Kasane – A Wild Place
We came across Elephant, Buffalo, Jackal, Sable Antelope and a pack of Wild Dogs …….. and that was before we entered Chobe National Park!
Kasane is a small town on the far northern border of Botswana, its claim to fame being that it is the gateway to Chobe, one of the great African game reserves. It is also an unpredictably wild town – elephants and other wild animals occasionally wander through the residential area, often at night and the locals are in the habit of setting off thunderflashes to scare them off.
Another visit this month to Kasane to visit the project in which I am involved, meant another opportunity to squeeze in a visit to Chobe – this time we set out to do an early morning drive through the Riverfront section, before the day’s business began.
We set off as the sky was starting to lighten and on the short drive to the entrance gate we came across a pack of Wild Dogs, who were seemingly on a mission as they trotted along the road. Being pack hunters they would be looking for prey that they could pursue in their relentless fashion, wearing it down until the prey becomes exhausted and vulnerable to the attacks of the pack. We had seen the same pack the previous afternoon, not far from the airport and were able to get really close to them as they lazed the afternoon away in the shade of a large roadside tree, which provided some relief from the hot sun but not from the many flies that were buzzing around their heads.
Entering Chobe, we proceeded along the sandy, bumpy track with regular sightings of the animals we have become accustomed to finding –
- Elephants aplenty, including quite a few youngsters, not wandering far from Mom
- Sable Antelope
- Buffalo – circa 500+ on the Lechwe Flats
- Hyenas – a pair were making their way back from the river into the bush as we passed by
The best sighting of the morning was reserved till last. We encountered two Lionesses, strong and healthy looking individuals, as they made their way to a pool to drink (although we could not see the pool which was concealed by a deep donga) and moments after discussing the possibility of a male being nearby, a handsome male with a full mane of hair appeared and also headed towards the donga.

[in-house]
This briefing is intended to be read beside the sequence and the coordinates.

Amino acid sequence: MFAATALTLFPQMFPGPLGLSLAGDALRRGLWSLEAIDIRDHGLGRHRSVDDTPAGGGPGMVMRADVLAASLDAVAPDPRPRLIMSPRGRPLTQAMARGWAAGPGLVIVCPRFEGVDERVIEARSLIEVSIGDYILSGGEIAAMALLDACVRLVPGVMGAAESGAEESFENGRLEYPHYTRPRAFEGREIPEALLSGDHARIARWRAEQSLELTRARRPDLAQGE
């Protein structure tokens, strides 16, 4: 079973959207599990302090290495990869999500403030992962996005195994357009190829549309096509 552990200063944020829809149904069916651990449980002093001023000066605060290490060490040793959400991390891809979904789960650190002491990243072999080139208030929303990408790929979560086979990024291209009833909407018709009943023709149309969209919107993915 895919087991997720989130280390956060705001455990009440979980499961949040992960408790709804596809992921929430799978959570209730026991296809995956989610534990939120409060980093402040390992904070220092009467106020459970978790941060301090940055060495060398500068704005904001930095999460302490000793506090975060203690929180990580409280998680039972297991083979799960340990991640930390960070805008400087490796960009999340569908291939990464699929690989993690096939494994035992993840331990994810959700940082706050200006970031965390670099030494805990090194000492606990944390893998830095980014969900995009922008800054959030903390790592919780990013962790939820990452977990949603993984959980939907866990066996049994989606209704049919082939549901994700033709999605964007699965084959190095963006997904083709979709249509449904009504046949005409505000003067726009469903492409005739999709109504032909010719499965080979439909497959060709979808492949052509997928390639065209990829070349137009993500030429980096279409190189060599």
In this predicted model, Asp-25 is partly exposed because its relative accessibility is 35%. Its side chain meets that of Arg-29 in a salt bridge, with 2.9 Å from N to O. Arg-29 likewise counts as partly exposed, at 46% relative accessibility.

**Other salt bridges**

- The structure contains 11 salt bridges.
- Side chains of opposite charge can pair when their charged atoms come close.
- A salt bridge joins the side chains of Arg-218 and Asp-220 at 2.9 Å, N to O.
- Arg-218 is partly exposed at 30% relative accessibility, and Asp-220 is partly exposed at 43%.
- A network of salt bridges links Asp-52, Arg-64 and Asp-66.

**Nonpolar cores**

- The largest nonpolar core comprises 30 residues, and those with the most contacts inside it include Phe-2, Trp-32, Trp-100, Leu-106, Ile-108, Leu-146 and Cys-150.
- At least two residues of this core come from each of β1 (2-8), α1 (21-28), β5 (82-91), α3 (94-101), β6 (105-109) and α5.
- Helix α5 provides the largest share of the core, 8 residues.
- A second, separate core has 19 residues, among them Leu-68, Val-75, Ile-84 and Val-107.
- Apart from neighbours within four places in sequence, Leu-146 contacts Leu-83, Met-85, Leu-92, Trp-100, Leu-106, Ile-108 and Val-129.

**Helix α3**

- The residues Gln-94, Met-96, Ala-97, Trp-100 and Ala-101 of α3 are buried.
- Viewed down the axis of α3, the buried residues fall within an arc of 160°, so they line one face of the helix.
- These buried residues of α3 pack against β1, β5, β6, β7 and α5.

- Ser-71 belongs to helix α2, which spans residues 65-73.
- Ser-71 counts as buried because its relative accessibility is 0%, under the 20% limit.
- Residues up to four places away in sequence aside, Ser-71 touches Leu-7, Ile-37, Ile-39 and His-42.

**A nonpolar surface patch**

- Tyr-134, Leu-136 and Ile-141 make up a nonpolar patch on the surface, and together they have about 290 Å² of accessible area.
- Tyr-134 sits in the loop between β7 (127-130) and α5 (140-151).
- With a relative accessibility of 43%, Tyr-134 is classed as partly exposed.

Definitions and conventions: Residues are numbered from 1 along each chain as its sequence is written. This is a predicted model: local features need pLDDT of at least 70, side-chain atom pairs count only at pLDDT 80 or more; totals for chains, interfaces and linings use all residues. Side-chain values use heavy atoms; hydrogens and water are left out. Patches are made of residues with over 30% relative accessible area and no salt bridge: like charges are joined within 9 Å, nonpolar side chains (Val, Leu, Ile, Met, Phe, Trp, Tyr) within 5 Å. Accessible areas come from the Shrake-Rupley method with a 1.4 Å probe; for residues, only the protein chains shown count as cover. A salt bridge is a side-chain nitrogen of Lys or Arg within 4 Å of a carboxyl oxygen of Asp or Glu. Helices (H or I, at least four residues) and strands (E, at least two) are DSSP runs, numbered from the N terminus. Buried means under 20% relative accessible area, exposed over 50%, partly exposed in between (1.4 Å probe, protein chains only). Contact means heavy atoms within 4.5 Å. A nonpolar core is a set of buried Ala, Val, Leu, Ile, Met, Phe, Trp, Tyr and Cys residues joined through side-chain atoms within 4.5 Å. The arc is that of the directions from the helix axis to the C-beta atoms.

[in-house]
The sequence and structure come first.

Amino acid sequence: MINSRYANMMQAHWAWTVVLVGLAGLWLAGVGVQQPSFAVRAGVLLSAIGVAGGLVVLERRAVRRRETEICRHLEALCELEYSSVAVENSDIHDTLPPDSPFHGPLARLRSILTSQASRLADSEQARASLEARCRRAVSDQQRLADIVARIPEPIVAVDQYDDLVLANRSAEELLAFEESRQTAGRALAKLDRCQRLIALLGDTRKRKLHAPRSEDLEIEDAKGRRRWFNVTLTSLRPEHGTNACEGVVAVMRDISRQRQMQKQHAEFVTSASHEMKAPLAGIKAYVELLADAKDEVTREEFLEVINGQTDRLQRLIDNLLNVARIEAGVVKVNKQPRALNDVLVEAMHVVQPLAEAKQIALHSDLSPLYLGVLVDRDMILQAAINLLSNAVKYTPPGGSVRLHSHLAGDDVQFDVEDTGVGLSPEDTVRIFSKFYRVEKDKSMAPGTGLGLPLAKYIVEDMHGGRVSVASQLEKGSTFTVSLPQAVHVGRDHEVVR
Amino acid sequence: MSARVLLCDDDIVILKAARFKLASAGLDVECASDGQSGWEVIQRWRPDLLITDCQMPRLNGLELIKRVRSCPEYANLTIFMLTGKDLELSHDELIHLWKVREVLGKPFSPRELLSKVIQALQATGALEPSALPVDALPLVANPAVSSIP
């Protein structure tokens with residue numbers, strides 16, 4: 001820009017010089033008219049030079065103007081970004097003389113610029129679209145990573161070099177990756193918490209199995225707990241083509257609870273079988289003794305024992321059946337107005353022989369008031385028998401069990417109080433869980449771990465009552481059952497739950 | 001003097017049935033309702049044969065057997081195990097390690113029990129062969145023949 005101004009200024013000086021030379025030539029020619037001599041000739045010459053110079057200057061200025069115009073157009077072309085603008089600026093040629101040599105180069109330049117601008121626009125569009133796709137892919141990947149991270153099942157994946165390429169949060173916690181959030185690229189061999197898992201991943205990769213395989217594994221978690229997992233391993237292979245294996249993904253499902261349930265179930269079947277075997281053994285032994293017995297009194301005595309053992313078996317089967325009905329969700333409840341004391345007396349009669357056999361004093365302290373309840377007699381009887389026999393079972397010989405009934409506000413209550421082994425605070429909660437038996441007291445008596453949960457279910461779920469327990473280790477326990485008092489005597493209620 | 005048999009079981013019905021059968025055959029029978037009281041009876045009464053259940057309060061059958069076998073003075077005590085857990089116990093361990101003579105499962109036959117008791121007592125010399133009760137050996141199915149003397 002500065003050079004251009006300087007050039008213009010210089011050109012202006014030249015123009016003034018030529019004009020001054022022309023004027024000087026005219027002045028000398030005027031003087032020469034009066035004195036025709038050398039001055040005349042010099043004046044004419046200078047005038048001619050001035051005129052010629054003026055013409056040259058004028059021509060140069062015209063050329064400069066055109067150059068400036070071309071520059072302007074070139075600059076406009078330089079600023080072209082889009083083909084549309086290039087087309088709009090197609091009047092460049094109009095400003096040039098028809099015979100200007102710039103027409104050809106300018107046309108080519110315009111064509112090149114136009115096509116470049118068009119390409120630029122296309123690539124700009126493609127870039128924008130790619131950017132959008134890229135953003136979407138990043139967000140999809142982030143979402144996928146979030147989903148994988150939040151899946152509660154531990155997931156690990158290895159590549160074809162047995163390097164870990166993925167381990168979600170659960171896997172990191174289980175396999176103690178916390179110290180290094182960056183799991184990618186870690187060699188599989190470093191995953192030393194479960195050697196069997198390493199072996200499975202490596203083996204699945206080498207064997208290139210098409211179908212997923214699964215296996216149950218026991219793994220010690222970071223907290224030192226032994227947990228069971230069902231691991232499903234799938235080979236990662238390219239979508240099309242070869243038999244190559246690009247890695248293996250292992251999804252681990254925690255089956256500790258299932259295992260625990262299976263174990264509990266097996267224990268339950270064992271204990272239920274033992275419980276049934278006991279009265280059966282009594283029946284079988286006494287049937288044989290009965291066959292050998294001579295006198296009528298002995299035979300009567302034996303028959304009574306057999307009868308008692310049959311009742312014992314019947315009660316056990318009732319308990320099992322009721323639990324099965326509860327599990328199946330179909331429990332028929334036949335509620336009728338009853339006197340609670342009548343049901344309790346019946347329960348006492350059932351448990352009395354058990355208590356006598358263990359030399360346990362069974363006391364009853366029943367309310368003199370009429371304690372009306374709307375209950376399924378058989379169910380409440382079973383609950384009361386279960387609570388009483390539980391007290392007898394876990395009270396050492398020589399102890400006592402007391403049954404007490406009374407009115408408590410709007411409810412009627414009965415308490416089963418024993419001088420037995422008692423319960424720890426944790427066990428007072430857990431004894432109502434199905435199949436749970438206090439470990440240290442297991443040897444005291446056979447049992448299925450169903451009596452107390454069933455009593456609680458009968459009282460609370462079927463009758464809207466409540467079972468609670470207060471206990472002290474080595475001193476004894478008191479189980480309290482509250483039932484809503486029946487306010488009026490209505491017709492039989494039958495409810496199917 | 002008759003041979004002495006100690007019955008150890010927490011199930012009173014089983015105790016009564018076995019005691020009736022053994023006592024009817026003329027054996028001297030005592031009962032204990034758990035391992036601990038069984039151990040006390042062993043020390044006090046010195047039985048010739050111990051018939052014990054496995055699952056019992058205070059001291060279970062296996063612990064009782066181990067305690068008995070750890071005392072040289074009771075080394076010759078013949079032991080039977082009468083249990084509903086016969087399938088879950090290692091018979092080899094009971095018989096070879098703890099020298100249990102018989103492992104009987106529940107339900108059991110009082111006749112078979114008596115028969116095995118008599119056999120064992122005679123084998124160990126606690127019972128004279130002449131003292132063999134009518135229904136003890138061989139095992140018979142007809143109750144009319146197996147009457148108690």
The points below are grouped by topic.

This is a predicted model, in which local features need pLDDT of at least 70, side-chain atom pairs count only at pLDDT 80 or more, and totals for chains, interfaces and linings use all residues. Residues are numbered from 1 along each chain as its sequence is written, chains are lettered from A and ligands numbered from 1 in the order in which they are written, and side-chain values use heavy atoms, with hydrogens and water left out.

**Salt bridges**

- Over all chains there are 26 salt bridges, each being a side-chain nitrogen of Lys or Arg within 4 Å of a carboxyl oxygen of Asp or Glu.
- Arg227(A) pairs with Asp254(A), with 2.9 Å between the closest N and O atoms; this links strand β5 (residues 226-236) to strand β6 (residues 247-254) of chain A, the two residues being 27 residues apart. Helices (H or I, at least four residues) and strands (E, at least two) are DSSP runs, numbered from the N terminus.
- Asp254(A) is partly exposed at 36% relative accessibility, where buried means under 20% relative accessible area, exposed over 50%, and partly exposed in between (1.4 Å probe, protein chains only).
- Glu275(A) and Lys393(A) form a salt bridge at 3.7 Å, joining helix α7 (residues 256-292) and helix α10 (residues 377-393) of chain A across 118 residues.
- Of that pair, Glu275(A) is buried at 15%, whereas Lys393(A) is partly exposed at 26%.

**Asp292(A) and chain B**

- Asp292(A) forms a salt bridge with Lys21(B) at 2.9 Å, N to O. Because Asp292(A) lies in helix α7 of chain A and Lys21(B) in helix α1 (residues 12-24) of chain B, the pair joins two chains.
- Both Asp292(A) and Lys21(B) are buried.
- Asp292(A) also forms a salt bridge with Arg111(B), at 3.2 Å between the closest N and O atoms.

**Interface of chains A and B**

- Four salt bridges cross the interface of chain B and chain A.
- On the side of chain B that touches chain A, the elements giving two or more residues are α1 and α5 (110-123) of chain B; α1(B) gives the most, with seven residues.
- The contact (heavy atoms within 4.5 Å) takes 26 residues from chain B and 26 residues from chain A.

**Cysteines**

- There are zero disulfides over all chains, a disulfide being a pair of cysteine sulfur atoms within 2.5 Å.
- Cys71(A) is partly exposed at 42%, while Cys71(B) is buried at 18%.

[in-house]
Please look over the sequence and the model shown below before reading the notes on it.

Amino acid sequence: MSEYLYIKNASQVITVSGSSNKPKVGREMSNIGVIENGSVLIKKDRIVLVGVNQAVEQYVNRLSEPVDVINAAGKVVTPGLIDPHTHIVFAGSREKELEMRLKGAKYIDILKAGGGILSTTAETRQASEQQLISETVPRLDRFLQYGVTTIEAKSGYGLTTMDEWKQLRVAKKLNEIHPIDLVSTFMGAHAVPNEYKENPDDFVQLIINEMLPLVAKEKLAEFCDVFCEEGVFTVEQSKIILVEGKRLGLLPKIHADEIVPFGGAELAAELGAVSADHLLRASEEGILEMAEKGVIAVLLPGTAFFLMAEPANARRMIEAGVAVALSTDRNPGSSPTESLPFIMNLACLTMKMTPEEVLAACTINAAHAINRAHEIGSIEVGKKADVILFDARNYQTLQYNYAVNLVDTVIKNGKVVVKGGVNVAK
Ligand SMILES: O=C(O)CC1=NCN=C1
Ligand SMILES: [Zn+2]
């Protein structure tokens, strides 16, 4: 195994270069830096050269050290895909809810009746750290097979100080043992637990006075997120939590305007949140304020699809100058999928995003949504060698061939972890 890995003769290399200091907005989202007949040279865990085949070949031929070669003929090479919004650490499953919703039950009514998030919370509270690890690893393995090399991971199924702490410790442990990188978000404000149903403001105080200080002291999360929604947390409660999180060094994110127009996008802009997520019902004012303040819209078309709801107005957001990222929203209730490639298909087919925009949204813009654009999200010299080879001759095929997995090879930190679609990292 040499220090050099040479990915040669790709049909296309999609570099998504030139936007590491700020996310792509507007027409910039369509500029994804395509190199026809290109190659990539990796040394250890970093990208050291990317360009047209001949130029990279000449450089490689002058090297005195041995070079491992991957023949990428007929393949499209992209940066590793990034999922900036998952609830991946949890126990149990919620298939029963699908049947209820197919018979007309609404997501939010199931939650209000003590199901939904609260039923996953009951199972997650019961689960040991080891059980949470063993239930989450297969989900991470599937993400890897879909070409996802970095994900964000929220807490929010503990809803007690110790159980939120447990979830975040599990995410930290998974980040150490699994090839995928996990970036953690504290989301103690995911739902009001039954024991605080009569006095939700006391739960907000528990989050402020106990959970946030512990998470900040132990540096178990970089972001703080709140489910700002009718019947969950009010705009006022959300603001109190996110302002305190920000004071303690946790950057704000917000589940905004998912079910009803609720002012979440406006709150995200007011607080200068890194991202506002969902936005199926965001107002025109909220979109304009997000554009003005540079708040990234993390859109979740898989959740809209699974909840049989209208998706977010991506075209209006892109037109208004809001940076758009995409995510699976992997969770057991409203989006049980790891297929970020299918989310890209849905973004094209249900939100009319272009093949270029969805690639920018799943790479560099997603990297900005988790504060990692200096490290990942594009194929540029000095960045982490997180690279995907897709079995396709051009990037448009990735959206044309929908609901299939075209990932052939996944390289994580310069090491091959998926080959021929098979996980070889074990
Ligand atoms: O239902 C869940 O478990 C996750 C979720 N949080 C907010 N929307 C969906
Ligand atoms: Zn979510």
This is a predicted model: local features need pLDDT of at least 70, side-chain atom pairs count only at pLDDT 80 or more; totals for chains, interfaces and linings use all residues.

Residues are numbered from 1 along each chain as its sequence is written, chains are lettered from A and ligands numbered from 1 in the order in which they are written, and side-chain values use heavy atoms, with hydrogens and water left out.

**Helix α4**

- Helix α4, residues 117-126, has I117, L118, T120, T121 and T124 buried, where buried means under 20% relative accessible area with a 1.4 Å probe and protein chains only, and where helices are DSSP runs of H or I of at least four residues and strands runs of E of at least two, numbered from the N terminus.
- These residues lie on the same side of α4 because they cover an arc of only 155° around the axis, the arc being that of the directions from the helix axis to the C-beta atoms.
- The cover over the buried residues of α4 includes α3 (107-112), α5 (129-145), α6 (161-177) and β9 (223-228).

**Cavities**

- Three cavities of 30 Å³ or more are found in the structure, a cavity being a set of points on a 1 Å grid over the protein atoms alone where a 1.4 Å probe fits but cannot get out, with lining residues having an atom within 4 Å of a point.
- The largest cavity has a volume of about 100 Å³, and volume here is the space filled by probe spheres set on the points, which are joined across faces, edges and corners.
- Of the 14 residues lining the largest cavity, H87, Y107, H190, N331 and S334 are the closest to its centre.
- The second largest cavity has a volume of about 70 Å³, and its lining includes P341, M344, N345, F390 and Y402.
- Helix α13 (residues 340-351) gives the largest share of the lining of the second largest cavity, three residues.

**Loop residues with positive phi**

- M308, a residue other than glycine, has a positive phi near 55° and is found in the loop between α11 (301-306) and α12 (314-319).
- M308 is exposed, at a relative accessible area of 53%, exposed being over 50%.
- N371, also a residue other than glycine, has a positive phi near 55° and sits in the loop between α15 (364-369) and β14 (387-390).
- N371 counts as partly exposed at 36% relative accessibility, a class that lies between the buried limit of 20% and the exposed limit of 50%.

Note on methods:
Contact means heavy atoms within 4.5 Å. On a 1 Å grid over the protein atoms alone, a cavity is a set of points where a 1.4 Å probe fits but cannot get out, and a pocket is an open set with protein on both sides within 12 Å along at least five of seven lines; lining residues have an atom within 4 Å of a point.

What followed was without doubt one of the more interesting Lion encounters I have had the privilege of experiencing, as the two Lionesses and the Lion played out a brief but fascinating series of moves. Initially the two Lionesses did a circular dance-like move in unison, as if sizing each other up, then one of them walked off slowly to the water and disappeared into the donga, The remaining Lioness and the Lion seemed to greet and gently caress each other before she too moved off towards the water, leaving the male to rest on the sandy ground and regally take in his surroundings.
Both Lionesses eventually returned and settled in different spots a distance from the male, who studiously ignored both of them as if in a huff.
The morning light lent a pleasant glow to the scene and created perfect conditions for photography as the Lions performed, oblivious to their excited audience, which by now had grown to 5 or 6 safari vehicles which arrived a short while after we spotted the first one. The photos are in the sequence taken –
The birding was limited to the “large and obvious” species for the most part –
- Plenty of Guineafowl
- Francolins and Spurfowl – Crested, Swainson’s and Red-billed were present in numbers
- Hornbills – Red-billed, Yellow-billed, Bradfield’s and Ground all well represented
- Carmine Bee-eaters are back in numbers and prominent in the sky or perching in bare trees at a few spots
- White-browed Robin Chat, extra bright in the golden early morning light
- A family of Orange River Francolins was a pleasant surprise and I was able to get my first photos of the mostly secretive species before they scuttled off into the bush
A truly wonderful morning’s game and bird viewing in this magical part of Southern Africa!